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    Coronary Heart Disease

    Coronary heart disease (CHD) (also known as coronary artery disease and ischemic heart disease) is caused by a thickening of the inside walls of the coronary arteries. This thickening, called artherosclerosis, narrows the space through which blood can flow, decreasing and sometimes completely cutting off the supply of oxygen and nutrients to the heart. If not enough oxygen-carrying blood reaches the heart, it may respond with a pain called angina--usually felt in the chest or left arm and shoulder. When the blood supply is cut off completely, the result is a heart attack.

    The image to the left shows the Front View of Heart Showing Cross Sections of Arteries: Normal artery, Diseased - Narrowed artery, and a Diseased - Blocked artery.

    Atherosclerosis usually occurs when a person has high levels of cholesterol, a fat-like substance, in the blood. Cholesterol and fat, circulating in the blood, build up on the walls of the arteries. The buildup narrows the arteries and can slow or block the flow of blood. When the level of cholesterol in the blood is high, there is a greater chance that it will be deposited onto the artery walls. This process begins in most people during childhood and the teenage years, and worsens as they get older.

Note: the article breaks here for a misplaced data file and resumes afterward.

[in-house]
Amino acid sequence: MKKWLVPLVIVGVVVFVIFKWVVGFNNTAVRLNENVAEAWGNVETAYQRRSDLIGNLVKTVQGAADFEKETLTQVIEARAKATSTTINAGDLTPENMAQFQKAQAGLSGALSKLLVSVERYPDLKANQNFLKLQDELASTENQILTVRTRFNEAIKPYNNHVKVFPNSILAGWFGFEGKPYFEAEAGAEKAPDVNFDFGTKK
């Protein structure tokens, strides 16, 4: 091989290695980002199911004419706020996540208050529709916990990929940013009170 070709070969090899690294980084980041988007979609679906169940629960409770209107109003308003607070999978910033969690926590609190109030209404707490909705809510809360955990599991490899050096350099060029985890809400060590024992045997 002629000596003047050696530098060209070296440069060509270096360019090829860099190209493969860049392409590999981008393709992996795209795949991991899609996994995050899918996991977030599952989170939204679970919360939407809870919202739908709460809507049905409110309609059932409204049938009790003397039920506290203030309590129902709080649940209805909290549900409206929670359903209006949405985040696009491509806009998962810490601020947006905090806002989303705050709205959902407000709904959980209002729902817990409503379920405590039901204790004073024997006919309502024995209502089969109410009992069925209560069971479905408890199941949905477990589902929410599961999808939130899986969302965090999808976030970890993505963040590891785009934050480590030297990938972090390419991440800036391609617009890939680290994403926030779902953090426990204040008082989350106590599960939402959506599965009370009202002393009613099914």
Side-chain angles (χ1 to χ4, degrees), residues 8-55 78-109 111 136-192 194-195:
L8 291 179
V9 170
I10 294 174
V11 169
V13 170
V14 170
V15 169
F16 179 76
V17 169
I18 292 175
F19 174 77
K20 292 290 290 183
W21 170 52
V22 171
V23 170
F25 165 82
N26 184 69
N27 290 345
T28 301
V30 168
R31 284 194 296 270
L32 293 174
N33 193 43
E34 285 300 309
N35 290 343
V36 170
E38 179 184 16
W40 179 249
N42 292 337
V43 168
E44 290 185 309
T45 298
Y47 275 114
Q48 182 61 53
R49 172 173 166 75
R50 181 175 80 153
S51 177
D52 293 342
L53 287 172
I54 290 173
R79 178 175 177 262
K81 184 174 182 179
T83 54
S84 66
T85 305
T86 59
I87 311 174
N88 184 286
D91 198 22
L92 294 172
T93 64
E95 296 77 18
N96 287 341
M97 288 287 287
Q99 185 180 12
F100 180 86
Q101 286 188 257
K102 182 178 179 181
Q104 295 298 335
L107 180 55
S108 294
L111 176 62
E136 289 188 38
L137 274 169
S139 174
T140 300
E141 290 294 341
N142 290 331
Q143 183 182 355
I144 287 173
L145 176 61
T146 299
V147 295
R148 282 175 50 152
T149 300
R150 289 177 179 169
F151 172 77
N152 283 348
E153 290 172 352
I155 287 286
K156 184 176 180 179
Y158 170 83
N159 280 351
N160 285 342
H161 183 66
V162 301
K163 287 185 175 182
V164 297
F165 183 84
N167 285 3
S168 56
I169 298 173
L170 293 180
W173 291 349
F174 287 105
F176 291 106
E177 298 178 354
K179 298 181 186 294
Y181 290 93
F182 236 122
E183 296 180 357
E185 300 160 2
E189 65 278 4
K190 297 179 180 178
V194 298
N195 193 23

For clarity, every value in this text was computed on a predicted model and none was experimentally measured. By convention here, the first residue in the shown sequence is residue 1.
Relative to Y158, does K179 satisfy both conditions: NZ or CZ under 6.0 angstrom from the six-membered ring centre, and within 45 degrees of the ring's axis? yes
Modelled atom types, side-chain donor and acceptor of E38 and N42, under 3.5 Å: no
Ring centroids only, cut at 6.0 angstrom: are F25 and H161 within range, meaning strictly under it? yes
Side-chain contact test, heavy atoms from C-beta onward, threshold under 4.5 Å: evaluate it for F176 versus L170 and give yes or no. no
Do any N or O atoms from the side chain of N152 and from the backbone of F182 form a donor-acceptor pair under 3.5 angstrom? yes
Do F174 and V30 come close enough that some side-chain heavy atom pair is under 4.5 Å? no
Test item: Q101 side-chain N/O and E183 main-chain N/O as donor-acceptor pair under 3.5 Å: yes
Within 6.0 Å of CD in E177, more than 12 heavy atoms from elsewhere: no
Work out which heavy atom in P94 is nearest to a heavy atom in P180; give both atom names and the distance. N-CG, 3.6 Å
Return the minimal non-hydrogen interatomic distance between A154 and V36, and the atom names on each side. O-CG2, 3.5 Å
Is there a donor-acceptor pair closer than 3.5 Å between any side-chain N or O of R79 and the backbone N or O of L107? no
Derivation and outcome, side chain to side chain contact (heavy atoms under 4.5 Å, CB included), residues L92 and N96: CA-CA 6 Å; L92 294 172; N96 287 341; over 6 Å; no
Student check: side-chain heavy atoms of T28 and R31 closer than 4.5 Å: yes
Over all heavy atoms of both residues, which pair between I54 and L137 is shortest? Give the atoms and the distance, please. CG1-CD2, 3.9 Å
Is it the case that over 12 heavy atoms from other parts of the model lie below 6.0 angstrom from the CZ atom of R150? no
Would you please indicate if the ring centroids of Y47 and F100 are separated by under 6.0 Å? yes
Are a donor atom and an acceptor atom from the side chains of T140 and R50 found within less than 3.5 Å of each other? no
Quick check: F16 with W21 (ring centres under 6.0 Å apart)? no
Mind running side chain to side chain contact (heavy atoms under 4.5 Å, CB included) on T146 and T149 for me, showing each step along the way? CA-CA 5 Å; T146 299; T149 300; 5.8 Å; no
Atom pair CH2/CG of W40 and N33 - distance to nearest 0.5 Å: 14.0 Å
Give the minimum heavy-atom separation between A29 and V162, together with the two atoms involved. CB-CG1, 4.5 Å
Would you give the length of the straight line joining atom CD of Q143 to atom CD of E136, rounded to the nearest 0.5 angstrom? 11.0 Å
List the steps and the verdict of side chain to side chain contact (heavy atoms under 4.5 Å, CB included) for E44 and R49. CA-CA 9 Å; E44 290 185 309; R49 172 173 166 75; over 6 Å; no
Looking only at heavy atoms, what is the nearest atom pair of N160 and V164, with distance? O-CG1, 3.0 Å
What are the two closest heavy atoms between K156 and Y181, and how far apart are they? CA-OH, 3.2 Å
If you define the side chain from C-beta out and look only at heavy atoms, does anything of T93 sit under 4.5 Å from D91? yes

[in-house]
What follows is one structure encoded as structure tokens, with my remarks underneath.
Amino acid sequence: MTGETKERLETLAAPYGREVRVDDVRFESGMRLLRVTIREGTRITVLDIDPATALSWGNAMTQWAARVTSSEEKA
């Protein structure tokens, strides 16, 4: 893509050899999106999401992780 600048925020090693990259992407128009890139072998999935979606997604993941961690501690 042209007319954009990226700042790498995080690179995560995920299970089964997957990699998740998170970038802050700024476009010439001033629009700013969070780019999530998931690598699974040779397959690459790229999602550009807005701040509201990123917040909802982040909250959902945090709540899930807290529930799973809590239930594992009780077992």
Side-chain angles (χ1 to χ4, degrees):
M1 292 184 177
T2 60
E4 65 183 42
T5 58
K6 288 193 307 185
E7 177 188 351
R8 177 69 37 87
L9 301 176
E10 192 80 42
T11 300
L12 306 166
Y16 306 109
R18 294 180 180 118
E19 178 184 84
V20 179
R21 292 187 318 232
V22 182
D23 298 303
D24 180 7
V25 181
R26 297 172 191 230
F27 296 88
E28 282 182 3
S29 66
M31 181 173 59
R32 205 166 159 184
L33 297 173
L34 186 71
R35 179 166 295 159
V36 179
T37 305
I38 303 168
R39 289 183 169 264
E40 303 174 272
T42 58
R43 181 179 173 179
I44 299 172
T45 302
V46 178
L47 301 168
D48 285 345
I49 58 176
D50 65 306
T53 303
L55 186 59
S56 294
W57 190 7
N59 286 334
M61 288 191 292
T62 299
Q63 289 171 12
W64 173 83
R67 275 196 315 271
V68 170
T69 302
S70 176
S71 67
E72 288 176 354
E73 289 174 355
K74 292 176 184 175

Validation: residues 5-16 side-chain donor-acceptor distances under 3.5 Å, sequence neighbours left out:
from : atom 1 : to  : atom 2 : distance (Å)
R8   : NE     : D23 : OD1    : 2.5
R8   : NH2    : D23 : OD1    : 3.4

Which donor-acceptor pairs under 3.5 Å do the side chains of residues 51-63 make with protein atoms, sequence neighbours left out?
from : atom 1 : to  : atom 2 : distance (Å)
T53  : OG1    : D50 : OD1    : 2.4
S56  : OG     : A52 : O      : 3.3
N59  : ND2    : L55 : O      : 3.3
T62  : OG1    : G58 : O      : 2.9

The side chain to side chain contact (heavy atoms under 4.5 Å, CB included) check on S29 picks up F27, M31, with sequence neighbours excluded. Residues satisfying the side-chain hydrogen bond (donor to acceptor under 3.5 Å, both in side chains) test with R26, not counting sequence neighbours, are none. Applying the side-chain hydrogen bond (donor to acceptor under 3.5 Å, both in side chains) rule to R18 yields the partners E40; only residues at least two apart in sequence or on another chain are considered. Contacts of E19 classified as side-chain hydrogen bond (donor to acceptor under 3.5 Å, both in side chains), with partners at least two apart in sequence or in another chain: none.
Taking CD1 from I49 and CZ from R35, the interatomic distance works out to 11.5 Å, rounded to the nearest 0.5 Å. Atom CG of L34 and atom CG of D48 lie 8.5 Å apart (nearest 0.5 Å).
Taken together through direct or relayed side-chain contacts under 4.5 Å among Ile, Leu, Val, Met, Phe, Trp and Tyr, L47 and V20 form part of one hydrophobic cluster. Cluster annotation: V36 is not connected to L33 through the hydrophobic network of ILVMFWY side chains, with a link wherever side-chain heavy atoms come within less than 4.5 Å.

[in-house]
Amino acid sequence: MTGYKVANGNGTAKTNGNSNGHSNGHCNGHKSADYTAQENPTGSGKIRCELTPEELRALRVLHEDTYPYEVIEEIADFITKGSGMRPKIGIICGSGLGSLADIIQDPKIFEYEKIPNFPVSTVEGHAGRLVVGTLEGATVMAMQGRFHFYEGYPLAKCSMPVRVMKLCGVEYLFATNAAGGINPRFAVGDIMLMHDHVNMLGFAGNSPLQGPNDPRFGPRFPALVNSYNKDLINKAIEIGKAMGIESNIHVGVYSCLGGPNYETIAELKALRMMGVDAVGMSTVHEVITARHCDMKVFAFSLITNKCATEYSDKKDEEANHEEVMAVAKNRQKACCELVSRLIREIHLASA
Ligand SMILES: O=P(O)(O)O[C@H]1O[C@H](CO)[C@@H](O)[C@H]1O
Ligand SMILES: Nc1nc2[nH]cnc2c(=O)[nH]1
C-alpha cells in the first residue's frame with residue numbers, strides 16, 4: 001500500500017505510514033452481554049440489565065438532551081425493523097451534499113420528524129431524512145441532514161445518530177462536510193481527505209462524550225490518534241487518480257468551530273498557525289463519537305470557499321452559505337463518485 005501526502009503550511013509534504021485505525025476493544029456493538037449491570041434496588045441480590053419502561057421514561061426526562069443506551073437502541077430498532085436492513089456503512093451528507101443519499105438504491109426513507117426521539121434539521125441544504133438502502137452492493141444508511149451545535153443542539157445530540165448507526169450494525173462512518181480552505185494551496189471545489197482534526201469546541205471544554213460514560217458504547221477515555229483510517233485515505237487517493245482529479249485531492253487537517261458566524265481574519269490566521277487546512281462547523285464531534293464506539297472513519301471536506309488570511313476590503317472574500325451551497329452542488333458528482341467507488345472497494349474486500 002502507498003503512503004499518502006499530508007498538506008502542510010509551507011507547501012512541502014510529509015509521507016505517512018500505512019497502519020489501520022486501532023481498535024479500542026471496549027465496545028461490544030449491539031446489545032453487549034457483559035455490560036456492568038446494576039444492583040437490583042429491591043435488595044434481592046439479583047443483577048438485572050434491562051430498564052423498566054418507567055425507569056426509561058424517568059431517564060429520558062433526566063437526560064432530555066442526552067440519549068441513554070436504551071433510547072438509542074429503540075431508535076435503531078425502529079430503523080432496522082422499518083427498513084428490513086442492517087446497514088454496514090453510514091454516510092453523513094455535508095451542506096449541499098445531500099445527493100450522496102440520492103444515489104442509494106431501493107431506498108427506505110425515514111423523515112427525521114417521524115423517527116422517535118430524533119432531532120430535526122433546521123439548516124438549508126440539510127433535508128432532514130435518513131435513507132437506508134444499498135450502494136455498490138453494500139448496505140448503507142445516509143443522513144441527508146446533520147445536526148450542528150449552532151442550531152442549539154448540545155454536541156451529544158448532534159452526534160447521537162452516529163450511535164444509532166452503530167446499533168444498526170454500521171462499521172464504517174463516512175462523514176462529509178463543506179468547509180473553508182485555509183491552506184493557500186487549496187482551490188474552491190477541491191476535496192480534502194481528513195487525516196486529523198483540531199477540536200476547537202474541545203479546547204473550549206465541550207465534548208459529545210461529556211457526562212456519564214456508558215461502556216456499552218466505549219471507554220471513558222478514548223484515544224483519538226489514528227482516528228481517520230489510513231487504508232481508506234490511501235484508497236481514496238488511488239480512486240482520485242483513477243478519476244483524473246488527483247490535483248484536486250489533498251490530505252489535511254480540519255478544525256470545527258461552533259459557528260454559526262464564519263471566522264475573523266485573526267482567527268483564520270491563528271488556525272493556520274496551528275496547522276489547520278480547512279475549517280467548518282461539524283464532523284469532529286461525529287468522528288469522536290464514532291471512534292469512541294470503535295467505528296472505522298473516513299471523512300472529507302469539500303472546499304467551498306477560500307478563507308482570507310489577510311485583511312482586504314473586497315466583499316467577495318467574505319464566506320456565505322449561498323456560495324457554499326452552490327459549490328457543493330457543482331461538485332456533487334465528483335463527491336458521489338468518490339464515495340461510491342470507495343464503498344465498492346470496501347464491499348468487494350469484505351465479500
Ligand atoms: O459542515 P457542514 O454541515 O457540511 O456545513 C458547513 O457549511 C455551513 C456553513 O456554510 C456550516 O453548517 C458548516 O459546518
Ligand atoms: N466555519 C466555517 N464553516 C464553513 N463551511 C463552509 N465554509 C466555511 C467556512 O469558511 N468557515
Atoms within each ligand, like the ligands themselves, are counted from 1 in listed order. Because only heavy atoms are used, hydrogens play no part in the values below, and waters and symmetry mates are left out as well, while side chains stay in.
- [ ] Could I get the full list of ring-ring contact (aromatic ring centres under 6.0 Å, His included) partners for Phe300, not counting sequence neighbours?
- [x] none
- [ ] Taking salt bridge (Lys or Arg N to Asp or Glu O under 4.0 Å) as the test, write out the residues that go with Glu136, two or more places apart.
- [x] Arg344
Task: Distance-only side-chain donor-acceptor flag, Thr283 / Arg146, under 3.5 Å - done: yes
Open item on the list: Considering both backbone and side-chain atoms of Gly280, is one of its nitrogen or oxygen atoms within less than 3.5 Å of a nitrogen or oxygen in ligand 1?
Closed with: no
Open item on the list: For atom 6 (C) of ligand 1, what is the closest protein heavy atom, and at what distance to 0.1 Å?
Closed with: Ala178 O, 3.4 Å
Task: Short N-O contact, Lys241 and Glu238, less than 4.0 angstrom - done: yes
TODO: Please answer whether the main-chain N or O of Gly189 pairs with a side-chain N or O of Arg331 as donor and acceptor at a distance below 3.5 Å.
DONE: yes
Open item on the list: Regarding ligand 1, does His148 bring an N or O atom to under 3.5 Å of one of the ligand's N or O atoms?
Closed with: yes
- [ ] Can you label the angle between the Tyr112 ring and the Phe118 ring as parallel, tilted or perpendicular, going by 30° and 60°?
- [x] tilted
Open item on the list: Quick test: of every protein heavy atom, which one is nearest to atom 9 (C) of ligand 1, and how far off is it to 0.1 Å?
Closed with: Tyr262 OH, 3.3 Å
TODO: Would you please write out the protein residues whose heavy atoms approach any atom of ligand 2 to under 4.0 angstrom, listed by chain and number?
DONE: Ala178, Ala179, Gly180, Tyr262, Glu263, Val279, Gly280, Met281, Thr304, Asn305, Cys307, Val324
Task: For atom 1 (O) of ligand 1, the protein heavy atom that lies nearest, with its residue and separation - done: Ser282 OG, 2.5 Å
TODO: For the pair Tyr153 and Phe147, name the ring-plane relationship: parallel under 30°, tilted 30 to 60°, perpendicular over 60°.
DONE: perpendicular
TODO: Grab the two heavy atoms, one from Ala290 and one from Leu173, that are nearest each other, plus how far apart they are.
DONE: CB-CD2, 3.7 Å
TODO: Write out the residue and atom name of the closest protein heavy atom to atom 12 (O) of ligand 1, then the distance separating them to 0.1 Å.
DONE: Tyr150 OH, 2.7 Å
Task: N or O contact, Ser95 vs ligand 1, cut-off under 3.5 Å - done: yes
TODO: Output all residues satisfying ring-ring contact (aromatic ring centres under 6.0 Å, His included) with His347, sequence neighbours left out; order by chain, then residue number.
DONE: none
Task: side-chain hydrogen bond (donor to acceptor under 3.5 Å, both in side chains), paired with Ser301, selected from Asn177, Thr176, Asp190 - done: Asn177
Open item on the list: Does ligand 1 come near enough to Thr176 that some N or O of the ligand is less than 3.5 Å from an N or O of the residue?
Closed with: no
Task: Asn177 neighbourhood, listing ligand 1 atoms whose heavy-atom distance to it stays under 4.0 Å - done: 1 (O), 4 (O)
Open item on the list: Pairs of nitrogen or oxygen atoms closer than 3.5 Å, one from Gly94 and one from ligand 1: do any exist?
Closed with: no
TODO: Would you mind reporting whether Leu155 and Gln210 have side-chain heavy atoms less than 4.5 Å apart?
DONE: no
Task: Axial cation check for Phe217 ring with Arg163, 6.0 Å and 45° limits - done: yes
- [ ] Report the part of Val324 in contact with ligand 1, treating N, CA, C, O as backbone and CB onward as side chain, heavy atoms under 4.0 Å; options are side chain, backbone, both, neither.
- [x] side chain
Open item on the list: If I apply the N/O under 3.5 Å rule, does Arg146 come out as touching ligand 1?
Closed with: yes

In addition to high blood cholesterol, high blood pressure and smoking also contribute to CHD. On the average, each of these doubles your chance of developing heart disease. Therefore, a person who has all three risk factors is eight times more likely to develop heart disease than someone who has none. Obesity and physical inactivity are other factors that can lead to CHD. Overweight increases the likelihood of developing high blood cholesterol and high blood pressure, and physical inactivity increases the risk of heart attack. Regular exercise, good nutrition, and smoking cessation are key to controlling the risk factors for CHD.

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    Illustration Source: National Heart Lung and Blood Institute